Leap Day – Why you should NOT propose

Feminist Suffrage Parade in New York City, May...
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Ever since the  film Leap Year came out, the discussion of women proposing to their potential spouses has entered the circles of my friends. I have a very very strong opinion about this, which initially might seem unfeminist but before you cry of betrayal of any sisterhood – like,whatever – it in fact, is not.

Firstly, men are NOT incapable: it is a myth. Yes, they might look at emotions differently than women but that does not rule out that they possess them. They might not deal with situations as women do but it does not mean that they don’t deal with them. In other words: if he wants to propose, he can and he will.

It is one of the few gallantries in life that have survived the necessary push of feminism. Like having doors held open for you and being served first at the table,  a proposal is one of those gestures that you should be able to enjoy. Let it stroke your feminine and his masculine ego.

Feminism or not, women are still the only ones who can carry children. You might not want children, you might not be able to have children but if you do and can, then you are sacrificing 9 months of your life and body to a baby. That in itself is worth a great big friggin ring and the effort of a proposal.

If you are a crazy about each other you will be nice to each other. I believe that relationships, unlike popular believe and recent Hollywood portrayal, are not meant to resemble nuclear wars. I quite hope that they are fun and positively challenging for both parties enabling both to reach full potential.

So in conclusion, he is  perfectly capable to propose if he wants to, the right man is not going to hold out on you just to make a post-feminist point and you have time to wait for the right man because *badaboom* you are worth it.

Being Dutch

When I left for the UK, I wanted to break free from the small country in which I was born. Ironically enough in the ten years to come, I would become more attached to my nationality. Perhaps because I see the past through rose tinted spectacles, perhaps because being on foreign grounds leads you to appreciate your roots. Who knows.

“If it ain’t Dutch, it ain’t much” is  a tongue in cheek slogan that has been used by my very cool sister and I.  Awareness of one’s nationality is so subtle, so inexplicable until you feel it.

I felt it when two weeks ago The Ice skating Tour of Tours  “De Elfstedentocht” (Eleven city tour, which is a tour that leads overfrozen streams past eleven cities – quelle surprise.) was hyped and then cancelled because the thaw set in. The last tour was 15 years ago and I’m sure the whole country felt disappointed.

I felt it today. It was just announced that one of the Dutch princes, Friso, who got hit by an avalanche on the Royal Family’s annual skiing trip last week, might not wake up from his coma. If he does, he will need years to recover. He’s a complete stranger of course, still there is an inexplicable sadness for his mother, the Queen,  his wife and small children.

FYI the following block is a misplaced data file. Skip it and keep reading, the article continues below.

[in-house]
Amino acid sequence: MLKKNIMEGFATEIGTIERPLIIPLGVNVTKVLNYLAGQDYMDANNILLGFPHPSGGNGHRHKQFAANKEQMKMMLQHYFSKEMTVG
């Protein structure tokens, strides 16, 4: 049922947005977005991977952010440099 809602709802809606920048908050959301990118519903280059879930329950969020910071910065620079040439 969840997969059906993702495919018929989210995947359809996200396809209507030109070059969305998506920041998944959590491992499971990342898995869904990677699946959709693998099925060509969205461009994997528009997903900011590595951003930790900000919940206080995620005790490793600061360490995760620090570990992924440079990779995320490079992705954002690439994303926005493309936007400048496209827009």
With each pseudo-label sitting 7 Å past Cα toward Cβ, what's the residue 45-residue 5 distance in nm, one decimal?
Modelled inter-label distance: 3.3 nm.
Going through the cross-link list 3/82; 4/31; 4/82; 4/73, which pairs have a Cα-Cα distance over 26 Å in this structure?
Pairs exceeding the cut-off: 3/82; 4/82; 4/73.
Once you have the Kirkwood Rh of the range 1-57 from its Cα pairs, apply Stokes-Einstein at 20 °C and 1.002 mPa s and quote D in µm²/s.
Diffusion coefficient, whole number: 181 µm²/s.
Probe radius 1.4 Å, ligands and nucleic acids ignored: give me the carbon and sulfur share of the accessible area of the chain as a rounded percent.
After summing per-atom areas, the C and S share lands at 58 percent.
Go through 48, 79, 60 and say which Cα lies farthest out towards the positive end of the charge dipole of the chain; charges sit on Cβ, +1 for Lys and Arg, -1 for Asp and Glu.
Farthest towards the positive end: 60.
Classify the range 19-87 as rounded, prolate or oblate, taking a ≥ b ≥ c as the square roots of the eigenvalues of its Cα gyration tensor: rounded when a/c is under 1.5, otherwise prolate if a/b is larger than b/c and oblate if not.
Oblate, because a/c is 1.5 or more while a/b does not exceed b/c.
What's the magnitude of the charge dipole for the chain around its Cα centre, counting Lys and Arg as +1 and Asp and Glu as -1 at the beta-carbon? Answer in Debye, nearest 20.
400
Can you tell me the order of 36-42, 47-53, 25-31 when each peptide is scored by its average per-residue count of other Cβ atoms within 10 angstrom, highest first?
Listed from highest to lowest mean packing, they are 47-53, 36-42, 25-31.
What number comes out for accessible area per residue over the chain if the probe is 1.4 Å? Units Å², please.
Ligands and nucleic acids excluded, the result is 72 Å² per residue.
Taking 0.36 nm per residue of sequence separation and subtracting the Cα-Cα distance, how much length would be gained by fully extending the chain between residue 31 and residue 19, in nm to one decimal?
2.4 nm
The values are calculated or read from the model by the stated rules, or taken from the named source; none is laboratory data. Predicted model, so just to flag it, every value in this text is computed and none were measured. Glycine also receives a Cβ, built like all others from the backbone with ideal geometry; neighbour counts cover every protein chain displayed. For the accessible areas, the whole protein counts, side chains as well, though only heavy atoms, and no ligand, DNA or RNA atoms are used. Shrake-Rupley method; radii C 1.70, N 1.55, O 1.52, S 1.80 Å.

It’s another small drama really but perhaps one that is quietly felt by 16 million people.

Thoughts on Men (Blue Valentine)

I saw Blue Valentine and a lot of people have called the film amazing, depressing and real. After having seen the film, I have started to realise why especially men find it so depressing: as Ryan Gosling’s character Dean says, somehow “men are more romantic than women.” Forget bloody chick flicks and all that jazz: when it comes to the real world, it might be men who have a rose-tinted view of love and relationships.

The main trigger for this train of thought was the moment that Dean shouts: “Tell me how I should be. Tell me and I’ll do it”. I can almost guarantee you that every woman who has threatened to walk away from a relationship, which the man still wants to save, has heard this phrase. (That, and: “Fine! Leave!”).

Dean, in essence, is a good man: he holds down a job, loves his wife and daughter and that is enough for him. Cindy, Michelle Williams, is not happy anymore in her relationship and she initially tries to change what she perceives as the problem: her husband. Meanwhile Dean seems to be saying “But I’m doing the best I can.”

It must be hard for guys, women who practically state: “If that is the best you have, you can keep it.”  Not necessarily looking for a better offer either I think, just preferring to be alone than to deal with something that makes their lives difficult.

I don’t think guys get it, they see it as cowardice, giving-up. Most men are fixers but this seems unfair, what more can they do? The bitter men stop trying; will treat a woman badly because what is the point of making an effort if she leaves? What makes women think they are so much better? The good guys are left behind wounded and confused; what else could they have done? What more did she want?

Perhaps it is time to tell young boys what we’ve been telling young girls since the days of feminism: You don’t need another person to make you happy. Then in theory, both parties will stop putting the responsibility for their own happiness on the other. If we then also manage to stop throwing around generalisations along the lines of  ‘women are insufferable and men are incapable’, maybe our relationships will stand a chance.

Still, having said that, it would make a rubbish film. Of course.